10 years later, divorced, relatively broke, and a large mortgage payment…I realized that I was getting nowhere in this lifestyle…just barely paying the bills with a little coming out of my emergency fund every month just to stay afloat. Thank God for that fund. I finally got a promotion, and was starting to see light at the end of the tunnel. I realized that I needed to make a few more frugal changes…sell the truck, buy a car without a loan and good gas mileage/insurance. Take on a roommate for a while. I built my Emergency fund back up, hacked my taxes with some 401k contributions and deduction changes, and in less than 2 years, I’m now maxing out my 401k for the first time this year, working on the IRAs, and saving about 53% of my take home pay in various ways. Money is no longer a worry, it’s mostly on autopilot, and watching numbers in Personal Capital hit big milestones. (next Net worth Milestone is 100k, and Next total invested milestone is 50k). I’m still able to save for regular things like trips and home repair and the like, and I’m still comfortable, which is amazing. It’s amazing the level of stress that is relieved when you quit paying the IRS 2k/month, and start putting that 2k/month away elsewhere.

    • Distilled Dollar Apr 21, 2016, 8:27 pm

      Selling your truck and opting for roommates is probably a decision the vast majority of people wouldn’t even consider, but you valued your financial situation more than a nicer car and a nicer place. As you put it, now that area of our life is on autopilot.

      That’s an incredible turnaround!

  • Curtis M. Alexander Apr 29, 2016, 12:27 pm

    My wife and I started out our lives together saddled with $70,000 worth of debt. About half of that student debt and the rest unsecured consumer credit. Ugh.

    It sucked. We buckled down even though we had two small mouths to feed.

    Three years after that the debt was paid off. It was a great feeling which was only magnified because we did it ourselves.

    • Distilled Dollar May 2, 2016, 9:42 am

      Props to paying off that much debt so soon! That’s impressive!

      We still have ~119k for student loans, but luckily the overall interest rate is not terrible at ~5%. It will be a nice feeling one day to see those accounts reach $0!

  • Thias @It Pays Dividends Jun 8, 2016, 8:02 am

    The Millionaire Next Door was the book that first got me started on my finance journey. It opened my eyes to a new world – one that showed success without needing to show the world that I made money.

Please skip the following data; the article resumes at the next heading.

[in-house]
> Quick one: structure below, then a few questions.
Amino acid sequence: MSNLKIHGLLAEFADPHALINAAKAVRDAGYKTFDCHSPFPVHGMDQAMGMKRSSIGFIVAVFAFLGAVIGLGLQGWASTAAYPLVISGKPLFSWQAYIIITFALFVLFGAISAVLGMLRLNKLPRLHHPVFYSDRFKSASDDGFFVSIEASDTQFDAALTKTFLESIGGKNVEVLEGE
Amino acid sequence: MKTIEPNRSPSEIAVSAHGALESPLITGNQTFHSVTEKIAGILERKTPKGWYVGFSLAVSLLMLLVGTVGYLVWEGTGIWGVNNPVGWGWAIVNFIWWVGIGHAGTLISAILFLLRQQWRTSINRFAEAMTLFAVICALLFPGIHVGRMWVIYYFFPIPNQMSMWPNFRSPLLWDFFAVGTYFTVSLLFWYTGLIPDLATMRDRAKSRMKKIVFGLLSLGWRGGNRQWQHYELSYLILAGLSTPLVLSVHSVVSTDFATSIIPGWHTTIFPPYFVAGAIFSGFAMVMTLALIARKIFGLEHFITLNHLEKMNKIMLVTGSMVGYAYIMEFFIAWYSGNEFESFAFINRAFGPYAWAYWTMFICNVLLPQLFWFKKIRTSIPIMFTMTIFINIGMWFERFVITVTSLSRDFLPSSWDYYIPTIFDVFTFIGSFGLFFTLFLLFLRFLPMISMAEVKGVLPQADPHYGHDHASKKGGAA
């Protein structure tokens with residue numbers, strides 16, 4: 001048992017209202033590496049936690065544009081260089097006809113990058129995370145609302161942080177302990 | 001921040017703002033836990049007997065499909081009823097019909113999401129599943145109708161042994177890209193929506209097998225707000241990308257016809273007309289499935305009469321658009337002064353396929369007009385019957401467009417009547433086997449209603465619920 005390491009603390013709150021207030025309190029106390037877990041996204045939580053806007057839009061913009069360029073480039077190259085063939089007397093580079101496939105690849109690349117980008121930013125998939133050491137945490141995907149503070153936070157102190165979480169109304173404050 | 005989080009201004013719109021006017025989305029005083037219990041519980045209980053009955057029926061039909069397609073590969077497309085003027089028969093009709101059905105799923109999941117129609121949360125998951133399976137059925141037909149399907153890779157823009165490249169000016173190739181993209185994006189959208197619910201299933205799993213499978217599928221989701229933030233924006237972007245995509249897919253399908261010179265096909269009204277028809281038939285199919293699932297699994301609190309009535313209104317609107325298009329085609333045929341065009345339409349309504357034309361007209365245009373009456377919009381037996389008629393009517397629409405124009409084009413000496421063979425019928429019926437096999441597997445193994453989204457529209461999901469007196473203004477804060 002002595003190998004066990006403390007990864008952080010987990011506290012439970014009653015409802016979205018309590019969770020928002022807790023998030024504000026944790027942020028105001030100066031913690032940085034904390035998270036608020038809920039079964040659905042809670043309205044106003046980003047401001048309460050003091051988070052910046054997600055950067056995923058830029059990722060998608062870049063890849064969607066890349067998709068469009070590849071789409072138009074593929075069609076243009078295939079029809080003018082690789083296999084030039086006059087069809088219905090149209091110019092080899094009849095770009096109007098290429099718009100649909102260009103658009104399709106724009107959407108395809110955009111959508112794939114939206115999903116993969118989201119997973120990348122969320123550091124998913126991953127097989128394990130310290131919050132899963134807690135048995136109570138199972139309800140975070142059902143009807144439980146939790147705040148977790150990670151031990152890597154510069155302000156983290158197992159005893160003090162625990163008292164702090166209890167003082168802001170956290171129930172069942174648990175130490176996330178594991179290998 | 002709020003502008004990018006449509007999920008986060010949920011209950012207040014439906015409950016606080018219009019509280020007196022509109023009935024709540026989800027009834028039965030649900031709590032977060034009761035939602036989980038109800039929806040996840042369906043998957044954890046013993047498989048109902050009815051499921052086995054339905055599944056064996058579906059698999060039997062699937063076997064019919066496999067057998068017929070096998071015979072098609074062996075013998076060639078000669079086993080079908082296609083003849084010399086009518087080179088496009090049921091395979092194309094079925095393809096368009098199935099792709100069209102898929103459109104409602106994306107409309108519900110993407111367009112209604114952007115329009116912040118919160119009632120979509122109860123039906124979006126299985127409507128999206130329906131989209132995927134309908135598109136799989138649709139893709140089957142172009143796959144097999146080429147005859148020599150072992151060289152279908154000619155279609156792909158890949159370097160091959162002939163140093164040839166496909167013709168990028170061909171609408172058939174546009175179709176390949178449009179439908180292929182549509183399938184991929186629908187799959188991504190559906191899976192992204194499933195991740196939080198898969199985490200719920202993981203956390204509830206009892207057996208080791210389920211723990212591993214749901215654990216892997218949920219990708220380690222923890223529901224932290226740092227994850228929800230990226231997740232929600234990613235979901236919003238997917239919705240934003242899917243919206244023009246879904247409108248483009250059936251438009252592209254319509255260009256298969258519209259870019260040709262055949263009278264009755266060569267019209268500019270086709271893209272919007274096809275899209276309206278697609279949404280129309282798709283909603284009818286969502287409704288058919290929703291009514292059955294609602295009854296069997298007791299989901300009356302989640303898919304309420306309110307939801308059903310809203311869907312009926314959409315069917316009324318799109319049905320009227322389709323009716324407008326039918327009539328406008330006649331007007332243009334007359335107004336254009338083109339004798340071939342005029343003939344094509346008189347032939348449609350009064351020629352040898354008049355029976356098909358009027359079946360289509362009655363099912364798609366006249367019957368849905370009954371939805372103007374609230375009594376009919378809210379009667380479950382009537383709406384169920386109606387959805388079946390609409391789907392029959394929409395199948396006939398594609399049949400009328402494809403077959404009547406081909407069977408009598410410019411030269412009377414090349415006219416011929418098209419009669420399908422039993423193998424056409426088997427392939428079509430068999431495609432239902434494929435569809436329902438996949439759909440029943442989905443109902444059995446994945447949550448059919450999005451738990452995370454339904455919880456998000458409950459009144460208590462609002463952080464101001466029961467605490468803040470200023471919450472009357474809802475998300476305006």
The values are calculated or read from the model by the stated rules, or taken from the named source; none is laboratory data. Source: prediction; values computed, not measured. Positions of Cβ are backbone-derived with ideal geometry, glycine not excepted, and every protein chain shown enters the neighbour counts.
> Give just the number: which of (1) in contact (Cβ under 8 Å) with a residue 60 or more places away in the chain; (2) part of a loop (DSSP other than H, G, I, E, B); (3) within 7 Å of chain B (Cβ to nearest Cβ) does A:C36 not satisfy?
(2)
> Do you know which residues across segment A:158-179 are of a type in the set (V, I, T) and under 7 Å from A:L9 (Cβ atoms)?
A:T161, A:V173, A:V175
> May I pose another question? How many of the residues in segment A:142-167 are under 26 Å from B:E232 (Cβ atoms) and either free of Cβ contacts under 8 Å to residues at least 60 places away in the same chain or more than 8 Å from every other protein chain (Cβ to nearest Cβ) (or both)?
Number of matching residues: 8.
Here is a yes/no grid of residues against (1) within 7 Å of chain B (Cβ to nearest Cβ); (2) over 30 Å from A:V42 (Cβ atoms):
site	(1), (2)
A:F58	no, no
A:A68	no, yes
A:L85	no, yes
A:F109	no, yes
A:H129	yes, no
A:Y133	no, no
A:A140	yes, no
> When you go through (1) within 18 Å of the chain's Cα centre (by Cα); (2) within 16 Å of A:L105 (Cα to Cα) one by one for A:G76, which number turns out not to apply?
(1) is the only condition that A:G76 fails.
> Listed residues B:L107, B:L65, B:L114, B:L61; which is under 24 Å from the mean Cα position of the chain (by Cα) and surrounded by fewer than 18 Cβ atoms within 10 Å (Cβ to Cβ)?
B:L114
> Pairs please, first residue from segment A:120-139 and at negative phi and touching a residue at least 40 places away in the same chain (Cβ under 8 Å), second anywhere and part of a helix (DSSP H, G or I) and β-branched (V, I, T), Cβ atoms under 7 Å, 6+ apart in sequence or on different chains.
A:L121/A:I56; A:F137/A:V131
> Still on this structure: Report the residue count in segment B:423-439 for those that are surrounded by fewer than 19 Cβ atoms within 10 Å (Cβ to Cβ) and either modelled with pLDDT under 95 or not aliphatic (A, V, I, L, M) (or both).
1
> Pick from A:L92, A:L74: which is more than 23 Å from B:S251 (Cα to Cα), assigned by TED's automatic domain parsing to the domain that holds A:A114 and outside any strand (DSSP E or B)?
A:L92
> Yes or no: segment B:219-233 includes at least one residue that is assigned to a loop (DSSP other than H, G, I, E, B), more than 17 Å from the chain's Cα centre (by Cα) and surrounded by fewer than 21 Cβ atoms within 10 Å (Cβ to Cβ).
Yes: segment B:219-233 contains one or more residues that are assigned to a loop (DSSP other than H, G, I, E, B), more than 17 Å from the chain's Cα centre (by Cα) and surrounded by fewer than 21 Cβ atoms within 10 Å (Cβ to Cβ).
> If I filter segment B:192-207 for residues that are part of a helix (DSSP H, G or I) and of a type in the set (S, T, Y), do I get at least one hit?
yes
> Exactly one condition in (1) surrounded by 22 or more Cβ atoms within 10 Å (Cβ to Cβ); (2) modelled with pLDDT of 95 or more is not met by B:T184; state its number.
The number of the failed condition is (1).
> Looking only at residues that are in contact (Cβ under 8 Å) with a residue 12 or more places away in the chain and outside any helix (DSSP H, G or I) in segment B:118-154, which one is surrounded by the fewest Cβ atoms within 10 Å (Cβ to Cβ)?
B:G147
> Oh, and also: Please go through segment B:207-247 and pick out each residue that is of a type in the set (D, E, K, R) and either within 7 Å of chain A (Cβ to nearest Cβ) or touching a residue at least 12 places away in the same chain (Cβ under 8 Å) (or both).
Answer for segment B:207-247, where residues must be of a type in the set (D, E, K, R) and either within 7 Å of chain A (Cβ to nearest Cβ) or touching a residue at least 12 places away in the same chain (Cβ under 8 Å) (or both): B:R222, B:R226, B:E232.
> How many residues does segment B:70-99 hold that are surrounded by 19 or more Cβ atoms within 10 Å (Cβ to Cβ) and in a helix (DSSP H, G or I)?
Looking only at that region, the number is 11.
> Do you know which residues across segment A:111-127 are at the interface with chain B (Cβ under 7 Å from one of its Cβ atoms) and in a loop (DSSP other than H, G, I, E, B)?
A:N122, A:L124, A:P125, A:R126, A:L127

I was on the public account track for about 3 years before I finally decided I needed to take back my life. If we are going to work hard for our money, we also need to work hard to keep that money and to create a life that we can enjoy.

    • Distilled Dollar Jun 8, 2016, 12:33 pm

      We sound very similar, since I also was in public accounting a few years before going private. I had an opportunity come up that was too good to pass up, but if things change, I could see myself back in public accounting.

      The way I view frugality now, is that I’m constantly finding ways to invest in myself instead of spending on consumption items. The same approach is what is advocated in Millionaire Next Door. I love playing the defensive game within the framework of personal finance.

  • Keith "Shin" Schindler Jun 8, 2016, 8:06 am

    “If we spend two to three thousand hours per year to earn money, then it makes sense to spend a few hours to learn what to do with our money. The problem many run into is finding the time to develop this skill set.”

    Great thoughts. Finding the time to develop the money skill set was not the issue, it was knowing that I needed to, in order to move from worker to wealthbuilder.

    • Distilled Dollar Jun 8, 2016, 12:29 pm

      Yep, that’s a good point! I have a similar thought process in my Four Phases of Financial Independence article. Basically, the first phase is before we even realize the benefit associated with learning about our earnings.

      After people start to see some type of benefit, I think a lot of people get stuck in paralysis by analysis. Even after we learn what we need to do, it can be tricky to take that first step into investing, or into creating a budget, or whatever it might be.